Learning about my “technical” Jewishness, it was once again time for more reexamination of my religious identity. I thought to myself, “Well, that would have been good to know.” I imagined a childhood that involved synagogue on Saturdays, a bar mitzvah, and an easy answer to the question What religion are you? In essence, religion would be something that was “taken care of,” a box that had been checked, a certain clarity achieved with regard to which team I was on.
But that was not the hand I was dealt—religious confusion was my destiny, just as my doctorhood was, having been the only son of a renowned physician who saw his profession, his intellectualism, as his religion. Those things were enough for him to bring order to his world. But to the extent that I possessed any of these same attributes, they were not enough for me.
I wanted more, but never felt any sense of betrayal on my parents’ part for not providing the clarity that I sought. Finding out that I was technically Jewish, years after I had become Catholic, felt like par for the course. A religious identity that was unambiguous would have been dyssynchronous with my parents’ own attitude toward religion, which could only be described as disappointed (my mother) and disillusioned (my father). Both had the personal experiences to make these feelings justified.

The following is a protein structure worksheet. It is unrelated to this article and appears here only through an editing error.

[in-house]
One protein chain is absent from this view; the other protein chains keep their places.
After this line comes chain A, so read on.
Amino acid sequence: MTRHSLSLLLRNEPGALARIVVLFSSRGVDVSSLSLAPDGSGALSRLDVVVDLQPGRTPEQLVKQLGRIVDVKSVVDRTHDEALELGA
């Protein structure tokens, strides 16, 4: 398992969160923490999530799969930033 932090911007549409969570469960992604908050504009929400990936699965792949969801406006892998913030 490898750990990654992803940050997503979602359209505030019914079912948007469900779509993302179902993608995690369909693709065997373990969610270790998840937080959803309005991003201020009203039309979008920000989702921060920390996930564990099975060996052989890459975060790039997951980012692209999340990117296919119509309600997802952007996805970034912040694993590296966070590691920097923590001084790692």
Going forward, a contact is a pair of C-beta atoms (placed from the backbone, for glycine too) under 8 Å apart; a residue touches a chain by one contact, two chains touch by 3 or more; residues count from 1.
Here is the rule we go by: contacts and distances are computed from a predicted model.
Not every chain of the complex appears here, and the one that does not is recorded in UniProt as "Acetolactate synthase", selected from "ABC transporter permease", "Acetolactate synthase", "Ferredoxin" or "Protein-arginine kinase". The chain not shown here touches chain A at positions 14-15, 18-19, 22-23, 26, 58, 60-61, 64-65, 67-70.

No, even though religious simplicity would have been easier for me if it was something that was made clear at birth, it was never destined to be that straightforward. It was never something about which I would be able to give very little thought, like we do with things about ourselves that are just true—the color of our hair or eyes, the sound of our own voice, or our favorite ice cream.
My religious resume is a varied one, dotted with experiences that, like my professional resume, paint a picture of who I am and what I have done. The Jewish father, the Southern Baptist mother, the menorah on a bookshelf too high for me to reach as a boy, the frequent trips to church with Deborah, where I learned faith was joyful, musical, and inclusive.
When I later became Catholic, it had more to do with my experiences at Deborah’s church than it did with any other church or synagogue I had ever been in: It was about family—my family now—and wanting to be closer to them. The teachings of Catholicism have a great deal that resonates with me—God’s love is universal, justice for all, help the less fortunate—but if I am being honest, I would have become Muslim if my family was.